The gallery is scheduled to present “The Great Dismal Swamp,” the first D.C.-area solo exhibition from artist Radcliffe Bailey, starting April 21, 2017. The show is slated to run until July 8.
“At GRACE, Bailey will present a selection of newly commissioned mixed-media works exploring his family history in Virginia, as well as the history of the state’s Great Dismal Swamp,” reads a press release for the forthcoming exhibition. “The Great Dismal Swamp, a federally-designated national wildlife refuge in Southeastern Virginia, concealed and sheltered communities of slaves fleeing captivity on the Underground Railroad.”
Bailey’s work is included in the collections of the Metropolitan Museum of Art, New York; the Smithsonian Museum of American Art, Washington, D.C.; the Art Institute of Chicago; the Museum of Fine Arts, Houston; and many other galleries throughout the U.S.
Read more about the exhibition in a press release:
Thanks to a grant from the Arts Council of Fairfax County, the Greater Reston Arts Center (GRACE) is pleased to present Radcliffe Bailey: The Great Dismal Swamp, on view from April 21 through July 8, 2017. Radcliffe Bailey (b. 1968, Bridgeton, New Jersey; lives and works in Atlanta) is a nationally-recognized painter, sculptor, and mixed-media artist who layers imagery, culturally resonant materials, and text to explore themes of ancestry, race, and memory.
The Great Dismal Swamp is the artist’s first solo exhibition in the metro DC area. He has previously participated in group exhibitions at the Smithsonian Institution, the Corcoran Gallery of Art, and the David C. Driskell Center at the University of Maryland.
Bailey has long treated issues of race and the historical experiences of African Americans in his work, mining his personal ancestry as well as the history and legacy of slavery. At GRACE, Bailey will present a selection of newly commissioned mixed-media works exploring his family history in Virginia, as well as the history of the state’s Great Dismal Swamp. The Great Dismal Swamp, a federally-designated national wildlife refuge in Southeastern Virginia, concealed and sheltered communities of slaves fleeing captivity on the Underground Railroad.
“Viewing Radcliffe’s work is like digging through strata of history, encapsulated in lush layers of paint, embodied within evocative objects, or reflected in found images of African Americans,” observed guest curator Holly Koons McCullough, formerly of GRACE and now Executive Director at the Arlington Arts Center.
“This new body of work plumbs the depths of Virginia’s history, exploring the communities of freed and escaped slaves that inhabited the dense and difficult marshland of the Great Dismal Swamp. Although deeply rooted in his personal and cultural heritage, Bailey’s work ultimately addresses universal themes of identity and ancestry, hurt and healing, displacement and endurance.”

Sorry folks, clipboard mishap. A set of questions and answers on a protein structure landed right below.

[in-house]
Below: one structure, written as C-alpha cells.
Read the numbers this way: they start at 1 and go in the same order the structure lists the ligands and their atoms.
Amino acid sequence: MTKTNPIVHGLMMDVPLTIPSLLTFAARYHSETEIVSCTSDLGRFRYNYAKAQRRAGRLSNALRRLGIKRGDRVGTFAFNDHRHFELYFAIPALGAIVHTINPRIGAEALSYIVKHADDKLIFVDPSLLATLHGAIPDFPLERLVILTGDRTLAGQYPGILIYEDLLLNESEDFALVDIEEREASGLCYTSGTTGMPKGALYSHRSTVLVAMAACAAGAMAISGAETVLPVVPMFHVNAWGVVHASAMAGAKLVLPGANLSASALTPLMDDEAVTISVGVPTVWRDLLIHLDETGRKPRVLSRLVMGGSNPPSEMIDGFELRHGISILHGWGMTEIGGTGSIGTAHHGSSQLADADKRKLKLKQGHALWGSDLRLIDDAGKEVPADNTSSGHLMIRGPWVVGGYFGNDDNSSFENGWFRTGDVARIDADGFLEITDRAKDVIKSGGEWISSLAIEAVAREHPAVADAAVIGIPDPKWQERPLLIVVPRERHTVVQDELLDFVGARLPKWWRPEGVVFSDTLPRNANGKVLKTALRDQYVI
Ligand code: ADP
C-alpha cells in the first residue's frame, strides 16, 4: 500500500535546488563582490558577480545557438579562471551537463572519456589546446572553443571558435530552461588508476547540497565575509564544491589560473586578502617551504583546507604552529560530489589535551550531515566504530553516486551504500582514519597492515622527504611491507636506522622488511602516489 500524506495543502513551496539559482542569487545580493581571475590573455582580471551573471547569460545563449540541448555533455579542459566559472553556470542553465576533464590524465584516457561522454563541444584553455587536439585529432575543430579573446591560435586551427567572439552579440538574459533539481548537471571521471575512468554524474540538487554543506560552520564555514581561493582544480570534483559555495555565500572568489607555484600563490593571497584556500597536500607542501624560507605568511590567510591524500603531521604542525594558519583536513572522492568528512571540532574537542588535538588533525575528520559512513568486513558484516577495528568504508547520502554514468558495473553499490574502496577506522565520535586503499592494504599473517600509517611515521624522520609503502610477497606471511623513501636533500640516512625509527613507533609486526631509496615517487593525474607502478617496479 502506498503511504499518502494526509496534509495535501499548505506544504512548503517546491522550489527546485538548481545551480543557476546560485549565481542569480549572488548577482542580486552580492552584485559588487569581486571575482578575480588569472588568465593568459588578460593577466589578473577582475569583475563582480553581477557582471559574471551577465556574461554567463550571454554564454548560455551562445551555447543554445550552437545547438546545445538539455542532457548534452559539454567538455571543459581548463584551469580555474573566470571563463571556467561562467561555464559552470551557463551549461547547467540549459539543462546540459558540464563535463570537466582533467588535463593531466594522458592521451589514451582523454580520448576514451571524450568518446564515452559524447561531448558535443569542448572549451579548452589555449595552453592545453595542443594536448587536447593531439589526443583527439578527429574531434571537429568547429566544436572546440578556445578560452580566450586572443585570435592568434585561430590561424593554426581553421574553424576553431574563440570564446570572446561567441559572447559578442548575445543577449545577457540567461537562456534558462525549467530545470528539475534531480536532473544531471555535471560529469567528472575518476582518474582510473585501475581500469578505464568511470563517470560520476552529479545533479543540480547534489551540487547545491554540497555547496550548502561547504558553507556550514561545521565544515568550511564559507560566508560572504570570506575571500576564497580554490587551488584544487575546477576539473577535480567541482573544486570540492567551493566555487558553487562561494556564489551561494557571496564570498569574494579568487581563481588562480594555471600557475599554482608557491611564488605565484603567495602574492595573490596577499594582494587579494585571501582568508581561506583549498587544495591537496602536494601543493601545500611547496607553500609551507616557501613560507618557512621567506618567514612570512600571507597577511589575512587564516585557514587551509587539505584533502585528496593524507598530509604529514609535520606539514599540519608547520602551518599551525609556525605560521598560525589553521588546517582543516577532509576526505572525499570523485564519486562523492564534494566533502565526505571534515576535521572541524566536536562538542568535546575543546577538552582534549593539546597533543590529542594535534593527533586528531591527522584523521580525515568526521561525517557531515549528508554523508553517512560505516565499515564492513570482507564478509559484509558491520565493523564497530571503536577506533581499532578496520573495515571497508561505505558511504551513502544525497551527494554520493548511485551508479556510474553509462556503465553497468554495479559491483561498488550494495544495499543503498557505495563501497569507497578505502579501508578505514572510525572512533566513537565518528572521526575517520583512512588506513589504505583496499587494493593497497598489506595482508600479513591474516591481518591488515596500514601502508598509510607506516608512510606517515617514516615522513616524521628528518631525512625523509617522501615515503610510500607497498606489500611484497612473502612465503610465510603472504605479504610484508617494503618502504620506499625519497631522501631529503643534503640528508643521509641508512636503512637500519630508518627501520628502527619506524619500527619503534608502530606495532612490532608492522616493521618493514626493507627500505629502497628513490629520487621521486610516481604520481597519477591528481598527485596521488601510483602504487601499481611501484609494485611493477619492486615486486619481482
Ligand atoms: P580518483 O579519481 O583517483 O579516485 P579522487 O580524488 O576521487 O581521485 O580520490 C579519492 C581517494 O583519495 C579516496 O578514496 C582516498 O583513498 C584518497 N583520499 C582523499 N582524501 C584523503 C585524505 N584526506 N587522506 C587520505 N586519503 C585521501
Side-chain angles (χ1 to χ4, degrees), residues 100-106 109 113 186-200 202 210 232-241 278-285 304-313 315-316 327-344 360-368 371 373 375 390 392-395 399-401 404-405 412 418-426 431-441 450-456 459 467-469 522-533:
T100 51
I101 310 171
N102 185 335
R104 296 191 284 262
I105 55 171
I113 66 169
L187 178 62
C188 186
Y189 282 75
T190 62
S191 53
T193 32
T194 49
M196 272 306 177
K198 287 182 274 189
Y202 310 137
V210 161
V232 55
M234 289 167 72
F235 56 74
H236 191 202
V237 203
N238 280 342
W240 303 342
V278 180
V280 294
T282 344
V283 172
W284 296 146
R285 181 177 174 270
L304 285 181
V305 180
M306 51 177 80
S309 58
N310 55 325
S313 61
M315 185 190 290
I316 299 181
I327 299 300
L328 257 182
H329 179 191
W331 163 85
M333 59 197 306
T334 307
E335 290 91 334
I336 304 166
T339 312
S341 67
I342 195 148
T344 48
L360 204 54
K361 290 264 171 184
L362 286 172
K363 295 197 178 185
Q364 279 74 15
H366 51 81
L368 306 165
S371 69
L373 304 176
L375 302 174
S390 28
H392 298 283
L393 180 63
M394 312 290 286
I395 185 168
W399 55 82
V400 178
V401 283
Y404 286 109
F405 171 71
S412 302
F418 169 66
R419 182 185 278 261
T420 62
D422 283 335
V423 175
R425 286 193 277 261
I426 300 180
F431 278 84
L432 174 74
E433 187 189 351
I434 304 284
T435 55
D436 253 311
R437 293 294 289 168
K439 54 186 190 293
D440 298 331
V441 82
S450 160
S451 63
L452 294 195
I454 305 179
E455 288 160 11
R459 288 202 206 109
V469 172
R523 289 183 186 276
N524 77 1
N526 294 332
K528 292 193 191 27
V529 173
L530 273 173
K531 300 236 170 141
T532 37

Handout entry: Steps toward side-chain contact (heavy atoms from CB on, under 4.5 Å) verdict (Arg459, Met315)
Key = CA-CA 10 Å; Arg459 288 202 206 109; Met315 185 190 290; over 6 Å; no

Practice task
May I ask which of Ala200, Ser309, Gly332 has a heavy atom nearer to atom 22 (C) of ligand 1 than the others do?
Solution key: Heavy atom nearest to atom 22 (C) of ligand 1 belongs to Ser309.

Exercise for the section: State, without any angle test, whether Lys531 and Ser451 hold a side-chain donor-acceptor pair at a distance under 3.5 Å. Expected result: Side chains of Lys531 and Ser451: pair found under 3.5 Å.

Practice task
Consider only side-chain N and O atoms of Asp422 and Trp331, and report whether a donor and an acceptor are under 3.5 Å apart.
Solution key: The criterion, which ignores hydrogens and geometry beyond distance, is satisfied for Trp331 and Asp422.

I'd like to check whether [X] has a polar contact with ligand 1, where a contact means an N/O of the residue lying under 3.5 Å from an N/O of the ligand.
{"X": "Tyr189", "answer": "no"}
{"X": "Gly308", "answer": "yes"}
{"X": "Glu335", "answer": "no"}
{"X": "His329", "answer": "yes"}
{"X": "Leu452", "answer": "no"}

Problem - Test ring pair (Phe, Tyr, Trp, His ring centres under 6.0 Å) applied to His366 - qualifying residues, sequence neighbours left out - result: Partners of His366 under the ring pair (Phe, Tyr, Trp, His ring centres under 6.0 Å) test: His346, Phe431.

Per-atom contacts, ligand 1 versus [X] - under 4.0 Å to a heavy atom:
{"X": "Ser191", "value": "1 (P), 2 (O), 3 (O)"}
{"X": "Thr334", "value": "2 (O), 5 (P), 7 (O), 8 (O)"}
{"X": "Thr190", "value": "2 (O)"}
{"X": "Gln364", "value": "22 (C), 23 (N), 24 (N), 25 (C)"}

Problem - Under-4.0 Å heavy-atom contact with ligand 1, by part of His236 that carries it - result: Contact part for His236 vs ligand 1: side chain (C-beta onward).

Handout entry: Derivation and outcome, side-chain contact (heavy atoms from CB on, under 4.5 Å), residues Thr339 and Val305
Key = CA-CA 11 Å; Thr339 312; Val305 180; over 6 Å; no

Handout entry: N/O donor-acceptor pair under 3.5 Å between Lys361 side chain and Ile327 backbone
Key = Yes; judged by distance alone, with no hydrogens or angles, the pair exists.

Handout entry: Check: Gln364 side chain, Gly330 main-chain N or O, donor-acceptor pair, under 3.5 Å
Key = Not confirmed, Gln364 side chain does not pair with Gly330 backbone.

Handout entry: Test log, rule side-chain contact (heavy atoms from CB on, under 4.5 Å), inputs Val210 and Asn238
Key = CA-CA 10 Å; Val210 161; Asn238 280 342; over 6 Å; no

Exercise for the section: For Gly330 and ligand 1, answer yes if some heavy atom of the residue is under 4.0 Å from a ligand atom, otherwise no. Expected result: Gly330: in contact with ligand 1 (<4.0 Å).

Bailey received a BFA in 1991 from the Atlanta College of Art. His work is included in the collections of the Metropolitan Museum of Art, New York; the Smithsonian Museum of American Art, Washington, D.C.; the Art Institute of Chicago; the Museum of Fine Arts, Houston; the Nelson-Atkins Museum of Art, Kansas City, Missouri; the Denver Art Museum; and the High Museum of Art, Atlanta; among many others. The artist is represented by Jack Shainman Gallery, New York.
The Greater Reston Arts Center would like to express its deepest gratitude to the Arts Council of Fairfax County. The Arts Council of Fairfax County is the voice of the arts, dedicated to fostering dynamic and diverse local arts, ensuring that arts thrive by providing vision, leadership, capacity building services, advocacy, funding, education and information.
“We are pleased to support the stellar work that GRACE is doing. Across Fairfax County, arts and culture are helping to build stronger communities, improving the quality of life, and fostering economic growth. The Arts Council’s grant programs provide vital funds for basic operation of local arts organizations and recognize the valuable programs and services they provide to Fairfax County residents,” said Linda S. Sullivan, President and CEO of the Arts Council of Fairfax County.
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